|Died||21 May 1879 (aged 69)|
|L'Accolade; Cerf à la branche; Ibrahim, cheval arabe|
Pierre-Jules Mêne (25 March 1810 – 20 May 1879) was a French sculptor and animalier. He is considered one of the pioneers of animal sculpture in the nineteenth century.
Mêne produced a number of animal sculptures, mainly of domestic animals including horses, cows and bulls, sheep and goats which were in vogue during the Second Empire. He was one of a school of French animalières which also included Rosa Bonheur, Paul-Edouard Delabrierre, Pierre Louis Rouillard, Antoine-Louis Barye, his son Alfred, son-in-law Auguste Caïn and François Pompon.
His work was first shown in London by Ernest Gambart in 1849. Mêne specialized in small bronze figures which explains why none of his works exist as public statuary. His work was a popular success with the bourgeois class and many editions of each sculpture were made, often to decorate private homes. The quality of these works is high, comparable to Barye's. Mêne enjoyed a longer period of success and celebrity than his contemporaries. He is considered to have been the lost-wax casting expert of his time. The lost-wax casting method is sometimes referred to as the cire perdue method.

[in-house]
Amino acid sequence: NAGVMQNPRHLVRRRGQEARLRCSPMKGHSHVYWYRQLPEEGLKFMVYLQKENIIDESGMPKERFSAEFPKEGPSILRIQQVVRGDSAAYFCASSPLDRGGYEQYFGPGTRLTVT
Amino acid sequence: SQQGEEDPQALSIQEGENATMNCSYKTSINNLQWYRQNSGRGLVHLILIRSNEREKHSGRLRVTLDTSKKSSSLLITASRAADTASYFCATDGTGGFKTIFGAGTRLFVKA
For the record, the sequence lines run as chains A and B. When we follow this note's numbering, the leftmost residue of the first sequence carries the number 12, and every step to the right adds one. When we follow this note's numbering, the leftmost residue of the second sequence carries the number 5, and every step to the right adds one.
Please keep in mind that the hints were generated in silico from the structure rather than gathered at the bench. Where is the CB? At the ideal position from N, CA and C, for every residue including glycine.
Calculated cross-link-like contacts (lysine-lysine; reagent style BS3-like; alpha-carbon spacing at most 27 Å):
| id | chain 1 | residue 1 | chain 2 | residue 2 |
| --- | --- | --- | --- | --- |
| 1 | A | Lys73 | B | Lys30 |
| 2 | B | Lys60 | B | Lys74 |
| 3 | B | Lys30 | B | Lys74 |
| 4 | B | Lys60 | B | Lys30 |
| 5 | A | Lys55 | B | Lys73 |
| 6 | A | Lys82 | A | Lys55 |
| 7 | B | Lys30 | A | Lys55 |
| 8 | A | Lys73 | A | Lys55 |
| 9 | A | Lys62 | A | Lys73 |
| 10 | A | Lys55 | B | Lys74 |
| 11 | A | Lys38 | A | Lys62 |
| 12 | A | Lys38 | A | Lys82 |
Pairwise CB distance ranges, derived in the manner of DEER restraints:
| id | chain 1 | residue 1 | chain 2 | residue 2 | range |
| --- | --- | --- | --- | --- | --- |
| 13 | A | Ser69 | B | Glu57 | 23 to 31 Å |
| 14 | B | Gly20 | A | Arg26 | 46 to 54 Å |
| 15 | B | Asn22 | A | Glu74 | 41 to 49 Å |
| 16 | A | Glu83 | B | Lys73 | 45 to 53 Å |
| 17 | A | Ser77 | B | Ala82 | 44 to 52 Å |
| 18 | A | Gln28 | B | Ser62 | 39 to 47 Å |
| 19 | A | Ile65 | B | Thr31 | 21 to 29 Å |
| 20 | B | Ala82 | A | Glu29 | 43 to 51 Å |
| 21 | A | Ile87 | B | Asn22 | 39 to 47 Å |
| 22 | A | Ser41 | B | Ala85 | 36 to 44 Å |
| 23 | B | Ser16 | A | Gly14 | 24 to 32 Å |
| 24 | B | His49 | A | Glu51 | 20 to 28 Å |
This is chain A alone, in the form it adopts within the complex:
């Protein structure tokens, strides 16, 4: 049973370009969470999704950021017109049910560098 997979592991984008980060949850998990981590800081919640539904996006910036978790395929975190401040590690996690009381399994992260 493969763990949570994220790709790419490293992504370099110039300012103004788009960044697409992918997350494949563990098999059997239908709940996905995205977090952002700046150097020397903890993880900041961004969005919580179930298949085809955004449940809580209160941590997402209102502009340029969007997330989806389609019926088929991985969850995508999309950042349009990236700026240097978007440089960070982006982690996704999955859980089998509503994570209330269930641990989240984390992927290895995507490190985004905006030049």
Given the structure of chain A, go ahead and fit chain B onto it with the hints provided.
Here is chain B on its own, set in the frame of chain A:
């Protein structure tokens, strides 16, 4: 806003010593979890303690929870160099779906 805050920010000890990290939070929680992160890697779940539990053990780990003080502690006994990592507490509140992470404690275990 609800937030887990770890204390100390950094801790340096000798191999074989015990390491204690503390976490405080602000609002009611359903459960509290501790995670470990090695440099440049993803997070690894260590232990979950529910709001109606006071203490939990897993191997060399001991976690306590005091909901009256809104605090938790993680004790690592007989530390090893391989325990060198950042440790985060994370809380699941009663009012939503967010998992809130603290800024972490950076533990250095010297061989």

Copies, forgeries and reproductions
Because Mêne was so prolific and because so many editions of his works were made, his work is sometimes undervalued in the current market, and forgeries and reproductions of his works abound. However, original pieces cast during his lifetime continue to bring good prices at auction. Russian foundries are known to have copied Mêne's work. These castings can be recognized by the appearance of a small plaque, inscribed in Cyrillic, most often found on the underside of the base of the sculpture.
Death and legacy
Mêne died on 20 May 1879 in Paris, France. He is remembered as one of the finest, and certainly the most prolific, animalier sculptors of all time.
There are no known photographs or portraits of Mêne.
- Catalogue raisonné of Pierre-Jules Mêne by Michel Poletti and Alain Richarme (Paris, 1998). Catalogues 240 models with a history of editions from 1838 to 1933; biography; context of life and work in Second Empire Paris (in French).
- Mackay, James, The Animaliers, E. P. Dutton & Co., Inc, 1973
- Kjellberg, Pierre (1994). Bronzes of the 19th Century (First ed.). Atglen, Pennsylvania: Schiffer Publishing, Ltd. p. 471. ISBN 0-88740-629-7.
- Payne, Christopher (1986). Animals in Bronze - Reference and Price Guide (First ed.). Woodbridge, Suffolk, England: Antique Collectors. p. 43. ISBN 0-907462-45-6.
- Payne, Christopher (1986). Animals in Bronze - Reference and Price Guide (First ed.). Woodbridge, Suffolk, England: Antique Collectors. p. 39. ISBN 0-907462-45-6.